Diversity in workout, I read in an article in, is a must for people who want to get more out there of their workout. Said Ingrid Nelson, a personal trainer in Washington, D.C., and founder of the ING Group personal training, in the article The One Thing All Personal Trainers Tell Their Clients to Do More Of: “Even minor tweaks, like doing squats or pushups for a set period of time instead of number of reps, keep your muscles guessing and working in new ways, which improves strength.”

It was also written in the article that “in a small study published in the Journal of Applied Physiology, researchers found that participants who followed a varied workout routine (including resistance training, sprint intervals, stretching/yoga/Pilates and endurance exercise) and ate whey protein lost more weight, lost more fat mass, and gained more lean body mass than those who combined the protein with resistance-only strength training or only consumed the protein.”

Spinning class is conducted every day of the week at Helio in Bekasi Cyber Park.

Spinning class is conducted every day of the week at Helio in Bekasi Cyber Park.

So, following the experts’ advice, I have added regular spinning classes to my exercise bag of weights and yoga for a well-rounded workout routine. For 30 minutes, three or four times a week, I pedal and huff and puff plus curse under my breath while following the moves of Indra or Rini or Carin who barked orders to pedal faster, increase the tension, or go up and down in Indonesian. After each session, I feel as svelte as Heidi Klum and an Indonesian phrase wiser – ambil nafas (roughly translated as inhale, exhale) is now part of my vocabulary.


“Hot yoga? How hot does it get?” she asked over Hangouts.

“Imagine doing yoga in a sauna,” I wrote flippantly, adding a smiley emoticon.

I should have followed it up with a rational explanation that it wasn’t that hot as a sauna – it’s at least half or less the temperature of a sauna allowing you to do the asana for 90 minutes.

Hot yoga for flexibility, clearer mind, and slimmer physique (sculpture of woman doing a bow pose at Hot Yoga-Studio Leona)

Hot yoga for flexibility, clearer mind, and slimmer physique (sculpture of woman doing a bow pose at Hot Yoga-Studio Leona)

Hot yoga provided succour when I was beset by anxieties and doubts at one point in my life. But it has been a while since my last hot yoga session, so after five-plus years, I finally stepped into a hot yoga studio filled not with anxiety and doubt, but a desire to practice it again. Call it serendipity, but my hotel reservation included a session of hot yoga – super! I had always wanted to go back to a studio but there was no strong impetus for it until my brief April sojourn to Bali. Hotel Puri Tempo Doeloe had a nice yoga package tied in with Hot Yoga Studio Leona – book three nights’ stay at the hotel and enjoy a free hot yoga session.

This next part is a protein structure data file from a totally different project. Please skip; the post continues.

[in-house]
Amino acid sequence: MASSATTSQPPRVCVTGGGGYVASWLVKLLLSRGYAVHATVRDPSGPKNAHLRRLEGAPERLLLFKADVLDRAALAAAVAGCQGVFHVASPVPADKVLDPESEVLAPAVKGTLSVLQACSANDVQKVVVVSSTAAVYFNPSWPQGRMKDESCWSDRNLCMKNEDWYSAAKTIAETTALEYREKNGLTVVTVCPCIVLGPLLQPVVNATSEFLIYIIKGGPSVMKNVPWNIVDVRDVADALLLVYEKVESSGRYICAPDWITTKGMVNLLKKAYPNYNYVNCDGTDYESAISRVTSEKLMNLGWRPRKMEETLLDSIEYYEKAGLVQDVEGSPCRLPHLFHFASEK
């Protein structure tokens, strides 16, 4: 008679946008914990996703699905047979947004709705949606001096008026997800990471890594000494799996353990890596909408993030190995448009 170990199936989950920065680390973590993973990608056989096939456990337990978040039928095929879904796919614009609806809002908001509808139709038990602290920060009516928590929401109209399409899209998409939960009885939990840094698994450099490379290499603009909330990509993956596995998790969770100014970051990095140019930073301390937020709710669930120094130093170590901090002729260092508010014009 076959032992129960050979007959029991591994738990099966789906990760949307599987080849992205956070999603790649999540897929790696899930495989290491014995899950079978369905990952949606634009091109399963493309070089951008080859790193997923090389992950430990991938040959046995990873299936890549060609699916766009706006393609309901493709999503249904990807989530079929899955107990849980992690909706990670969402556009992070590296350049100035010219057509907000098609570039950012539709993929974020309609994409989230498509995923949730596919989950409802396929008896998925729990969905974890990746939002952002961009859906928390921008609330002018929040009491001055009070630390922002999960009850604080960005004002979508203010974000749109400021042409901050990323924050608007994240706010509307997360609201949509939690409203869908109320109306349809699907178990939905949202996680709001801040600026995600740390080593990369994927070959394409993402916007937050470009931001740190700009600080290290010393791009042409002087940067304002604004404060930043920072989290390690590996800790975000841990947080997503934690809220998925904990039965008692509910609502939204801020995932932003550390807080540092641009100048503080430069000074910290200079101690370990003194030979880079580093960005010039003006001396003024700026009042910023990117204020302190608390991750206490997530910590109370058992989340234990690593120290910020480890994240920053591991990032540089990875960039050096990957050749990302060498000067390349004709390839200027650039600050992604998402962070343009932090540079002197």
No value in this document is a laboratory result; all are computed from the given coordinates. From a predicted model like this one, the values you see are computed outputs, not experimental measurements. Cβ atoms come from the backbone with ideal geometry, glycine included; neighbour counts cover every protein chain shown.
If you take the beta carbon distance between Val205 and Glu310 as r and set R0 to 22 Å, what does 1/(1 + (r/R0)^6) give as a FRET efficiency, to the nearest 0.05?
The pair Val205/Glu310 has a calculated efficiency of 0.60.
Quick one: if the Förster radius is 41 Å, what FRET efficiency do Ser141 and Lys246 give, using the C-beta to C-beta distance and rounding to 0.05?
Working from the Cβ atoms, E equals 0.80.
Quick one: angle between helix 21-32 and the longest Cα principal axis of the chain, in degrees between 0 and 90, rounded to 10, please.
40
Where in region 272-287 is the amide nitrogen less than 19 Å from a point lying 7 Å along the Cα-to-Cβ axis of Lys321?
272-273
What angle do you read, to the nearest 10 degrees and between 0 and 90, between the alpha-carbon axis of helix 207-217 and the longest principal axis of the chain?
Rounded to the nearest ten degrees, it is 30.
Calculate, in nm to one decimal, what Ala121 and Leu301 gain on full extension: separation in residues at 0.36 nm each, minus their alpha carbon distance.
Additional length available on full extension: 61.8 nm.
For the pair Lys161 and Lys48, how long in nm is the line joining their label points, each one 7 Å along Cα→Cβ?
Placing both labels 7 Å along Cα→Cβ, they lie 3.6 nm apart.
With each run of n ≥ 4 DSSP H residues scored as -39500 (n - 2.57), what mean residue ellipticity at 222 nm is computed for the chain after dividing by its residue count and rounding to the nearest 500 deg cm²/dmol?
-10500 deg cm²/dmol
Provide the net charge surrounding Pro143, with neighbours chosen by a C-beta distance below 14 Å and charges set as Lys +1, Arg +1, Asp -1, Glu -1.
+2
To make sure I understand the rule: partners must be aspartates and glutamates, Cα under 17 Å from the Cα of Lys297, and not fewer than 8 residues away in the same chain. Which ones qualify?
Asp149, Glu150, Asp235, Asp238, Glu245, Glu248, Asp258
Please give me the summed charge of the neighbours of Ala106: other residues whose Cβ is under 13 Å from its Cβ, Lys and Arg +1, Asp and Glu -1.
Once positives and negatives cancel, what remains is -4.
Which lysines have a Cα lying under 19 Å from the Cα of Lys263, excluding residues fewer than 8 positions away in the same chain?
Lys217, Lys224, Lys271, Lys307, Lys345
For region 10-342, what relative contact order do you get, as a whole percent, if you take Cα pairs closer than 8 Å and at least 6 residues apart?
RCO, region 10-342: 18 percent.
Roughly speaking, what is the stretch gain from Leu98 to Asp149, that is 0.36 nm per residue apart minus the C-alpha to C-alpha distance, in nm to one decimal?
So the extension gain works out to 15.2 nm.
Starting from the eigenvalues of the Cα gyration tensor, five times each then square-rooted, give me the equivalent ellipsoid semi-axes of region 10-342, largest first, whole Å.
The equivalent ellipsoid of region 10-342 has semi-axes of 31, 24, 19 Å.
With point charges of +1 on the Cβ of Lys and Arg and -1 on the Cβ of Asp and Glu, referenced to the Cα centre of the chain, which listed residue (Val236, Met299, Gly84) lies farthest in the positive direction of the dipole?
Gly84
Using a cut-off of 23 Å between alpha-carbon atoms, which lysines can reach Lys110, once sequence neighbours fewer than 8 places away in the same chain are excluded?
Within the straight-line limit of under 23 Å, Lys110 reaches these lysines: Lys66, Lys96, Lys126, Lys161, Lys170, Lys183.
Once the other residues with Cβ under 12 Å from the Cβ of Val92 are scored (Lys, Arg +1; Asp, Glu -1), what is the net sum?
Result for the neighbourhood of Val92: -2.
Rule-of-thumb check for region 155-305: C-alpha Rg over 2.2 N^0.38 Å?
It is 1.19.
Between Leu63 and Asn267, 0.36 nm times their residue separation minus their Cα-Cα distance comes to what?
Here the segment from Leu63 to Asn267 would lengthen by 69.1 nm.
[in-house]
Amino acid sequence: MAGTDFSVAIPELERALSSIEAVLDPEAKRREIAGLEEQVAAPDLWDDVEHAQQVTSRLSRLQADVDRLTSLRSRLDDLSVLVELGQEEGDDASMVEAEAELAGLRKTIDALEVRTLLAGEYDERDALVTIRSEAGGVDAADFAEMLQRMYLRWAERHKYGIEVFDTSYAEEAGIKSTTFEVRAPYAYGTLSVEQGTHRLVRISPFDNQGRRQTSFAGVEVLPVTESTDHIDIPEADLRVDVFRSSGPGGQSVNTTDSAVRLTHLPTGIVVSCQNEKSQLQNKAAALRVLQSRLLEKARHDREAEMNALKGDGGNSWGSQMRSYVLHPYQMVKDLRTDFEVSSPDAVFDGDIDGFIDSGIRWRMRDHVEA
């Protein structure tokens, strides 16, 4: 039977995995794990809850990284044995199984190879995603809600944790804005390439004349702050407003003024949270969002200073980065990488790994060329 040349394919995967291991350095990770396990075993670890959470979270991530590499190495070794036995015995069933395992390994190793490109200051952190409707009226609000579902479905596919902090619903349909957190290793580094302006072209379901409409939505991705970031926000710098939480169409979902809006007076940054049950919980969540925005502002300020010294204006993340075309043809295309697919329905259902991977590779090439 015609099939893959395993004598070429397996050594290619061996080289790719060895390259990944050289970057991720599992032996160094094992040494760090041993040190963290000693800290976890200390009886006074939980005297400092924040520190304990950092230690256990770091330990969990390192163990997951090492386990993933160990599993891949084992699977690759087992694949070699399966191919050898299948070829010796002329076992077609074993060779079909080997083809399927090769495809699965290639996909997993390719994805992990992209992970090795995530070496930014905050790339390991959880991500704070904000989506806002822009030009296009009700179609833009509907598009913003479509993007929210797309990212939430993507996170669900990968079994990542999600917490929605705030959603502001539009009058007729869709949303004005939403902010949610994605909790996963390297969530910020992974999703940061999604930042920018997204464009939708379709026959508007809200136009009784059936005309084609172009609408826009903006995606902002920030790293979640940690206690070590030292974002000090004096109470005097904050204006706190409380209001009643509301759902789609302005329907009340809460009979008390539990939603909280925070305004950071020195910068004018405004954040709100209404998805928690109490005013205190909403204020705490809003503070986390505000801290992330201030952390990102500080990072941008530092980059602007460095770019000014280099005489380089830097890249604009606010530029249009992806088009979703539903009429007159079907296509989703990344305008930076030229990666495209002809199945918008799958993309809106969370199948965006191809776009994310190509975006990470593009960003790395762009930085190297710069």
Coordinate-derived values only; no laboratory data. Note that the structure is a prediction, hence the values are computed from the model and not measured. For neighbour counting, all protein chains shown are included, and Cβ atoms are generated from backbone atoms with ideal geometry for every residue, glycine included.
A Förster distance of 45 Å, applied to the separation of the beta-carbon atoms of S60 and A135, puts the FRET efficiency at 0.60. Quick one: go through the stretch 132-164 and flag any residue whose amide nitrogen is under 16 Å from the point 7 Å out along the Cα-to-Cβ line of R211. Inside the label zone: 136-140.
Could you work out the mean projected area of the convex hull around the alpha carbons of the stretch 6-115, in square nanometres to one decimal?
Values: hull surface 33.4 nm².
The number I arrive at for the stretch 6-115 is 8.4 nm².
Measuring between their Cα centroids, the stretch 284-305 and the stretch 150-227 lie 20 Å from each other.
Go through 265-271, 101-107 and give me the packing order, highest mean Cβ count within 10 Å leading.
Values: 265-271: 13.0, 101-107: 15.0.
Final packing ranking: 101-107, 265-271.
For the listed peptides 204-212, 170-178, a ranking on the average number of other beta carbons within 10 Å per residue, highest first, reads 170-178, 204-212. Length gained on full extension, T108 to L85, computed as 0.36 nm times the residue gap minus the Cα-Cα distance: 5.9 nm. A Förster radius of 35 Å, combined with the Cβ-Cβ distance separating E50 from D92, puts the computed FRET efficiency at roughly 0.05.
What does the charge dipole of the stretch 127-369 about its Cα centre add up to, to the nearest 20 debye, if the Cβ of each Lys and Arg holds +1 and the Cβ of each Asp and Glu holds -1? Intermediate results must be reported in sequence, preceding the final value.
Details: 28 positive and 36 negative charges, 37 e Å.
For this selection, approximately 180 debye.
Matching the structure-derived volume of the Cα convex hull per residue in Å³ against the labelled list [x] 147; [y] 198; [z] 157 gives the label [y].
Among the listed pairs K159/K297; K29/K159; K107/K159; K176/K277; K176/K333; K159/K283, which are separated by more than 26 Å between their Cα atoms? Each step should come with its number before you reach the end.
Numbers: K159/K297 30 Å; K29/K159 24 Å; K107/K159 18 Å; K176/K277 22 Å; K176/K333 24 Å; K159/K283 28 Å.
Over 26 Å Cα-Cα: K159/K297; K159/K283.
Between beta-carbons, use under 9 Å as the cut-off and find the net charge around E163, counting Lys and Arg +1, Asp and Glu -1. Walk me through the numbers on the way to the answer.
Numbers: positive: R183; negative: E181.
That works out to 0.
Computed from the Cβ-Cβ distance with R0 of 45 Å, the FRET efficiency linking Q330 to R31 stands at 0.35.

Who wouldn't be challenged to do Hot Yoga when you see these "women"? -Yoga garden, Hot Yoga-Studio LEONA

Who wouldn’t be challenged to do Hot Yoga when you see these “women”? -Yoga garden, Hot Yoga-Studio LEONA

I was stoked to conquer the 50 poses of the Absolute Hot Yoga series in 90 minutes. Possibly losing several calories plus gaining flexibility and strength also provided the push. Classes are seven days a week, twice a day, one in the morning and one in afternoon, except on Tuesdays and Saturdays where hot yoga is replaced by capoeira while Sunday only has one session in the afternoon. The studio is within the hotel premises; it is to your left if you’re coming from one of Hot Puri’s wooden Gladak room or suite, or private villa. It is easy to spot because the little garden at the entrance to the studio is peppered with sculptures of voluptuous women in various yoga poses.

Yoga women sculptures_camel pose at the back and

I chose the 530pm class on Friday and followed the advice listed on the leaflet to the letter.

  • Arrive 15 minutes before the class.
  • Bring a towel and water.
  • Avoid a big meal two hours before class.
  • Dress as light as possible – think tank top and shorts or leggings.
  • Drink plenty of water before and after class.
  • Have fun.

Yogi Chris was genial. He greeted the newcomers to class, telling them to take it easy and to look at the person in front if things got confusing. Then, in his Jude Law-like voice, class finally got underway.

Hot Yoga -Studio LEONA

Hotel Puri Tempo Doeloe

Jl. Bypass Ngurah Rai 209 Sanur, Bali, Indonesia

Tel: 0361 286542

FB: hot yoga-studio leona